make up the lost revenue through budget increases later
The debate dominated the discussion
at 1999's annual summer leadership conference at the northern
seaside resort of Beidaihe, where the decision to increase
military spending was made. A White Paper on China's military
a year later reflected the new assessment:
"In view of the fact that
hegemonism and power politics still exist and are further
developing, and in particular, the basis for the country's
peaceful reunification is seriously imperiled, China will
have to enhance its capability to defend its sovereignty
and security by military means."
For those who had followed
this chain of events, the increased budget came as no surprise.
The question now is where China will spend the money.
Much of it is expected to finance
training exercises, maintenance and force restructuring.
There are plans to cut the army's size, but even that will
be expensive because demobilized soldiers must be relocated
and retrained. China is also expected to spend more on its
missile modernization program, thanks to American missile
Most of the spending, according
to Mr. Shen and others, is intended to enhance the country's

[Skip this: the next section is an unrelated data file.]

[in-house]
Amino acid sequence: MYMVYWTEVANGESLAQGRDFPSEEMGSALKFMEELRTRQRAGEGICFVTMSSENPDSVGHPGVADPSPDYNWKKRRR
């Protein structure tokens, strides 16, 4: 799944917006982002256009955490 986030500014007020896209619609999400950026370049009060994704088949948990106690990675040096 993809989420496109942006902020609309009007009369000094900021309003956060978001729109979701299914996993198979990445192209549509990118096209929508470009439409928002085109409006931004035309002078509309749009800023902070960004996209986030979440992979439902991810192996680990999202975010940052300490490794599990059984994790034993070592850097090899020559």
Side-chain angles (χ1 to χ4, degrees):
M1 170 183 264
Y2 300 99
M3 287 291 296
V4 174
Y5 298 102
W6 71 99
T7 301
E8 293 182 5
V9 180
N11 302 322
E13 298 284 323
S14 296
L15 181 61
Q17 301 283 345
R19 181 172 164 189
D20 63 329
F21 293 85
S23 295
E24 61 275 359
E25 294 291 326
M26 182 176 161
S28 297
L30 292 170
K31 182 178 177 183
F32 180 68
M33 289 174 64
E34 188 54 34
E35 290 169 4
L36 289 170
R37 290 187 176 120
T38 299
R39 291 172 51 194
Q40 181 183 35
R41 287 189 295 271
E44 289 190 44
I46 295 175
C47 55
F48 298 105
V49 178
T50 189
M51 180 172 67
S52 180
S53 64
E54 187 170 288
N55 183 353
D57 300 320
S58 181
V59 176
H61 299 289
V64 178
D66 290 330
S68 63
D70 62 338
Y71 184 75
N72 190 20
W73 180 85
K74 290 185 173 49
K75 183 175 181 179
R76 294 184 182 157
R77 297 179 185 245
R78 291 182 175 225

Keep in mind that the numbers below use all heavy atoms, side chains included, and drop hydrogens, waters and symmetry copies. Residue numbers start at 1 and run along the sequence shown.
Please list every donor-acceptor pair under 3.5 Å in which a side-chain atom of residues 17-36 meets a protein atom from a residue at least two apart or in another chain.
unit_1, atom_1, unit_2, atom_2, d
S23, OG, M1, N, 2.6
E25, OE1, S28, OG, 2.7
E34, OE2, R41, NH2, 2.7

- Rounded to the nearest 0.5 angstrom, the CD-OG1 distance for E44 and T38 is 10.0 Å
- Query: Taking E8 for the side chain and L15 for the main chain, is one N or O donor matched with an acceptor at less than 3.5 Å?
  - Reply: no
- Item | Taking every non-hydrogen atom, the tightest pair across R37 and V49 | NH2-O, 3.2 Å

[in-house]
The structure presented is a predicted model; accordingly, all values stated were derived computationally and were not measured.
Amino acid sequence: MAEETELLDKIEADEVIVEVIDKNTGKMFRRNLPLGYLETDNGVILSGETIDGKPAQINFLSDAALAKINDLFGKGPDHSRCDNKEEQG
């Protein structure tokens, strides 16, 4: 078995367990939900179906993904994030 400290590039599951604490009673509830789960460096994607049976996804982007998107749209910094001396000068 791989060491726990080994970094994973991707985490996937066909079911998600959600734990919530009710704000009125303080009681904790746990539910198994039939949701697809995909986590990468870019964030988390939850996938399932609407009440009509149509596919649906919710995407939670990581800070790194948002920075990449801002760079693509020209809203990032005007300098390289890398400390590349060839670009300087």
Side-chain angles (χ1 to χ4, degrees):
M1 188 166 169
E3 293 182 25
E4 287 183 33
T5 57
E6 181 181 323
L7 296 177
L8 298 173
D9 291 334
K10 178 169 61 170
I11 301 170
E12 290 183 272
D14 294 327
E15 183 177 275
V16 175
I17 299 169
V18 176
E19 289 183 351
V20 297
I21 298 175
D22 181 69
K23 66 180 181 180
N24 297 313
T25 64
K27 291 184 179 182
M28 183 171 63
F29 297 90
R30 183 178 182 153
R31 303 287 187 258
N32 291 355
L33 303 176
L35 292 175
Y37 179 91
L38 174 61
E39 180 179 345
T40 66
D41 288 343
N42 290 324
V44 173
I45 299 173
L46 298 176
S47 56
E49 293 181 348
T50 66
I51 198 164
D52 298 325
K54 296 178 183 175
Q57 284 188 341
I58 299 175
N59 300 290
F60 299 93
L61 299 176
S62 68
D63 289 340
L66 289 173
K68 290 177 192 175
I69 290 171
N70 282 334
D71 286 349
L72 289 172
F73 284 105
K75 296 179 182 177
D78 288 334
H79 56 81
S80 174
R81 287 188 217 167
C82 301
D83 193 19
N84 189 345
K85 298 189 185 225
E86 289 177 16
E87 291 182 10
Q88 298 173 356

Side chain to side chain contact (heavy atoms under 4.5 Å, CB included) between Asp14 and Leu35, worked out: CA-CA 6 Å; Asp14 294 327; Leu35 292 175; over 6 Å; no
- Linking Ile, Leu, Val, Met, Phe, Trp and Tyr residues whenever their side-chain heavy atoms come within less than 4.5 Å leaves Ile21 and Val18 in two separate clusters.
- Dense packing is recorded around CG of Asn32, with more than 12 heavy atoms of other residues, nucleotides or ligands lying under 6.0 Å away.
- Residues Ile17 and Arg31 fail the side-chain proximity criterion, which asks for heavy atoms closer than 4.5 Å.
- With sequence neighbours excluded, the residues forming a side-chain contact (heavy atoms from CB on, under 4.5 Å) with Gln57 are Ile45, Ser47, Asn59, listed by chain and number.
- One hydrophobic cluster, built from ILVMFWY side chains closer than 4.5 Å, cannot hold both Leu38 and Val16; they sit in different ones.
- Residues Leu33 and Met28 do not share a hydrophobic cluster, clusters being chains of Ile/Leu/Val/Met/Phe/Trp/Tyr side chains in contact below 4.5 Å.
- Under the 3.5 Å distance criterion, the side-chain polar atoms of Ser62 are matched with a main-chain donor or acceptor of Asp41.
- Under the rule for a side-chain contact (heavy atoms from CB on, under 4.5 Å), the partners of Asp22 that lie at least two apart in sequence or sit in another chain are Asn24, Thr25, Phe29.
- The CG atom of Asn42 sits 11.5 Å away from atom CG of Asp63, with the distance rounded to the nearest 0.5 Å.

ability to intimidate Taiwan. "For Taiwan, to deter
separatists, we need third-generation fighters, missiles
and precision-guided weaponry, amphibious landing equipment,
electronic warfare equipment, all of which can be domestically
manufactured," said Mr. Shen.
Because China lacks a huge
high-tech arms industry, developing new weapons is slow
and expensive. "Although R. & D. spending will
eventually produce something, given the inefficiencies of
the Chinese system this might be one of the least threatening
areas for them to spend defense dollars," said Phil
Saunders, director of the East Asia Nonproliferation Program
at the Monterey Institute of International Studies.
Even then, the money will be
thinly spread. In announcing the budget increase, Finance
Minister Xiang said much of it would go to boost officer's
salaries. Some, too, is earmarked as compensation for revenue
lost when the military gave up its businesses.
OF course, the announced budget
is only part of China's military spending. Some analysts
put the total at double or even quadruple the budgeted amount,
including money used to buy arms abroad, which are paid
for from a separate, undisclosed hard-currency fund. But
even at a multiple of three, China's defense spending is
far outdistanced by that of the United States.
"If the concern is that
China will challenge U.S. interests, that is a long, long
way off," said Evan Medeiros, a senior research associate
at the Monterey Institute's nonproliferation program. "But
if the concern is that they will make the U.S. more cautious
in their operations in the Asia-Pacific region, that's more
David Finkelstein, deputy director
of CNA Corp.'s Center for Strategic Studies, put it another
way: "They want to be the regional hegemon, so that
no Asian- Pacific nation can make serious decisions without
taking China into account."